The friendship that launched a car show: Creators, attendees reflect on sixth annual Mott event

Tuesday, August 6, 2019 - 1:09pm

Families and volunteers visit the over 60 cars during the sixth annual Caden’s Car Show at C.S Mott Children’s Hospital at the University of Michigan Saturday.

Families and volunteers visit the over 60 cars during the sixth annual Caden’s Car Show at C.S Mott Children’s Hospital at the University of Michigan Saturday. Buy this photo
Courtesy of Olivia Scott

On Sunday morning, around 150 kids, family members and more than 200 volunteers gathered on top of the parking garage at C.S. Mott Children’s Hospital at the University of Michigan for the sixth annual Caden’s Car Show. 

The car show takes place every year during the summer and is preceded by a fundraiser the Friday before the show. Full Throttle, an organization focused on congenital heart research, raised around $68,000 dollars this year. 

The car show is a way to brighten the Mott patients’ day and to raise awareness for organ donation, according to Christine La Jeunesse, administrative director for Congenital Heart Center at Mott. La Jeunesse said she has helped plan the event for the past few years and said it positively impacts patients. 

“For the families in the hospital it’s time away from a difficult time in their life,” La Jeunesse said. “It’s sunshine and a sense of hope for the future. “

Caden’s Car Show grew out of a friendship between Jean Jennings, former president and editor-in-chief of Automobile Magazine, and Caden Bowles, a young boy born with hypoplastic left heart syndrome, which left him with half a heart. Caden had a passion for cars that rivaled most car experts, Jennings said, which was apparent to everyone he met. The fundraiser is named after a hand-drawn car newsletter Caden created.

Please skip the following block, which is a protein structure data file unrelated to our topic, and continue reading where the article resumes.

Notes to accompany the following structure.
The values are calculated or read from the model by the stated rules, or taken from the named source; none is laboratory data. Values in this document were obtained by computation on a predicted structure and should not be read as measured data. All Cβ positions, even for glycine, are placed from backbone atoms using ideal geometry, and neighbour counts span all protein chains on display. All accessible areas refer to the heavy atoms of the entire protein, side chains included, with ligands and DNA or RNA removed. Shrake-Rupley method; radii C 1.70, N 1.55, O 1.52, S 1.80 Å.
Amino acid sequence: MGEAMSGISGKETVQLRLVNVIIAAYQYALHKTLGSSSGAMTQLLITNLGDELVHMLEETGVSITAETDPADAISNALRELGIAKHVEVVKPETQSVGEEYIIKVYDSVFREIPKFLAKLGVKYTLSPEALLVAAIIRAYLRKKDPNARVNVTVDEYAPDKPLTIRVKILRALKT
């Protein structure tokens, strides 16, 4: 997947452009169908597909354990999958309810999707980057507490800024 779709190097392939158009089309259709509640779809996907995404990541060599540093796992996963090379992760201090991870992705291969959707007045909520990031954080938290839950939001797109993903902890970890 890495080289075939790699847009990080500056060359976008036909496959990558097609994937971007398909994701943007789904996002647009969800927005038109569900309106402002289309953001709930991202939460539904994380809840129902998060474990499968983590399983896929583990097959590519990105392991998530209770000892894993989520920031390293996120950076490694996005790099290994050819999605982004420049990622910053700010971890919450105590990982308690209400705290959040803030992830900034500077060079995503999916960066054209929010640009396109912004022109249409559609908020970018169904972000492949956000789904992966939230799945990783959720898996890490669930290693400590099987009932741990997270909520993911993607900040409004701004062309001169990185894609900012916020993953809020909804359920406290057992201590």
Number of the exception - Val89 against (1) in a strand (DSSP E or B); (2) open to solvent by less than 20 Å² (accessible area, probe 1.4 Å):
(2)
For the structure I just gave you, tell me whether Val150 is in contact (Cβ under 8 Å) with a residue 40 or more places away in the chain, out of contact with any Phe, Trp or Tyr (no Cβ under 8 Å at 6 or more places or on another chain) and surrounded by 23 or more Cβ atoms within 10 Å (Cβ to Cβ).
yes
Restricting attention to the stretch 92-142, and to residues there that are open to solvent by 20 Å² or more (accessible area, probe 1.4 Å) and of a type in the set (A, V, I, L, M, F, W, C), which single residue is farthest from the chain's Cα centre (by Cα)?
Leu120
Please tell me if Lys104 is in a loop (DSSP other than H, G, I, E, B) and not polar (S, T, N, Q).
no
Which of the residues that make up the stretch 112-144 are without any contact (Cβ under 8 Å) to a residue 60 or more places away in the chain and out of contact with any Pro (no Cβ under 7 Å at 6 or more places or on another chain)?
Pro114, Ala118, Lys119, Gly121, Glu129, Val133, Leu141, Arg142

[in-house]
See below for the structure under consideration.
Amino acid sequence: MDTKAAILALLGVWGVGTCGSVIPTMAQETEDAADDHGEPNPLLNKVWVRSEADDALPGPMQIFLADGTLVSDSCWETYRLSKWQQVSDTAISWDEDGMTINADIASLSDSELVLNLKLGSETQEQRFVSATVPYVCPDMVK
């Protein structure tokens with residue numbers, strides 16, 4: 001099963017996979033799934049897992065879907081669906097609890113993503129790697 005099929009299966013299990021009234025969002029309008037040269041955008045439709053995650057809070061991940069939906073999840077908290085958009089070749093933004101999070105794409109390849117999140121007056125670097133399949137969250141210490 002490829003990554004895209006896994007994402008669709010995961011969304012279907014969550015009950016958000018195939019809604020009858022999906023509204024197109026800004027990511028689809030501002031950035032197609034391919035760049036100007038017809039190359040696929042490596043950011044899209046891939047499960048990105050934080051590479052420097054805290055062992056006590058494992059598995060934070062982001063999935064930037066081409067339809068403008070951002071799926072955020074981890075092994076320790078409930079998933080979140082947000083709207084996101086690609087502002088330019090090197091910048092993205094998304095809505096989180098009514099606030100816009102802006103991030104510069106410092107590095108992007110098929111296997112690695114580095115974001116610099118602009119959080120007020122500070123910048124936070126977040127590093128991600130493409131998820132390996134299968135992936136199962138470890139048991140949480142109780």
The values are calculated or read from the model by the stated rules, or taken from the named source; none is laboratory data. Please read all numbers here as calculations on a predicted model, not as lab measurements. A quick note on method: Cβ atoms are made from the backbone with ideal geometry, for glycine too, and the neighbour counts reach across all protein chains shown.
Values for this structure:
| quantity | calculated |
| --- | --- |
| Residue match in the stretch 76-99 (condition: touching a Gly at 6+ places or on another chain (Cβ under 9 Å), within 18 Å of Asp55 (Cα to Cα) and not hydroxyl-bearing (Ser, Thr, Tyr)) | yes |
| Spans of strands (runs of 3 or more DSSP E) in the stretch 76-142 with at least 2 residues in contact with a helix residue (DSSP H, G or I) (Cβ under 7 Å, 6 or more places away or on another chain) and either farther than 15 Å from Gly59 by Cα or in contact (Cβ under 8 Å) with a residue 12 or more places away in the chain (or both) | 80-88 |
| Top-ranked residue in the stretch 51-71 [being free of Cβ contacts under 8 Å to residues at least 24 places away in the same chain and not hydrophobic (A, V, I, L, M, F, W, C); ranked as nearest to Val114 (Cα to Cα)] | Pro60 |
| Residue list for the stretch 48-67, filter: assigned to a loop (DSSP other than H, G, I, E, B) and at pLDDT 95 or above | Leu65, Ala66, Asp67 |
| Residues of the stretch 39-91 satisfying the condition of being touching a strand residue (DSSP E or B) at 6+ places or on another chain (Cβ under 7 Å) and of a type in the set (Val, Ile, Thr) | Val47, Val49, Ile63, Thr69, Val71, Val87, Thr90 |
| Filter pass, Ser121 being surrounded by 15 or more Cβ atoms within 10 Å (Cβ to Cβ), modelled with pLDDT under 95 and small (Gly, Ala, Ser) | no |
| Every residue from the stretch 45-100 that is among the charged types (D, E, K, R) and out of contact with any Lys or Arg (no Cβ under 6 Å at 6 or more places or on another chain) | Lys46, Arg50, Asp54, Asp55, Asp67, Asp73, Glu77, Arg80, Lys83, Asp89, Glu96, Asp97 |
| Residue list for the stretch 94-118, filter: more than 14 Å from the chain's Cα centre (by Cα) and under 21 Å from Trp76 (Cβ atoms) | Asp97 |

Meg Zamberlan, pediatric nurse practitioner and pediatric heart transplant program coordinator at Mott’s congenital heart center, called Automobile Magazine when Jennings worked as Editor in Chief, and Jennings decided to go and visit seven-year-old Caden. Caden was in the hospital with cancer resulting from anti-rejection drugs from the heart transplant he had when he was one. 

Jennings said when she walked into Caden’s room he was talking about Jaguar cars, and she was immediately taken with him. 

“I walked in that room and I could see the ball of light surrounding him,” Jennings said. “This kid was something to reckon with. He was so engaging, he was so amazing.” 

They quickly formed a friendship. Jennings said she brought him toy cars and books, and they wrote letters to each other after Jennings left.

At age 11, Caden was back in the hospital because his heart was failing. Heart transplants tend to last about ten years and Caden was approaching that benchmark. Doctors decided to give Caden an artificial heart while he waited on the donor list. During this time, Jennings came to visit him on his birthday on May 30.

“He looked up at the ceiling because he couldn’t look me in the face and said, ‘Where have you been? We haven’t seen each other in three years,’” Jennings said. “I just didn’t want to leave him that day either.”

When Jennings found out Caden was still in the hospital in July, she said she put together a little car show just for Caden during Ann Arbor’s Rolling Sculpture Car Show and brought an Aston Martin and a Dodge Viper to the hospital. The nurses brought Caden down to the valet circle at the front of the hospital, and Jennings helped him into the cars and revved the engines for him.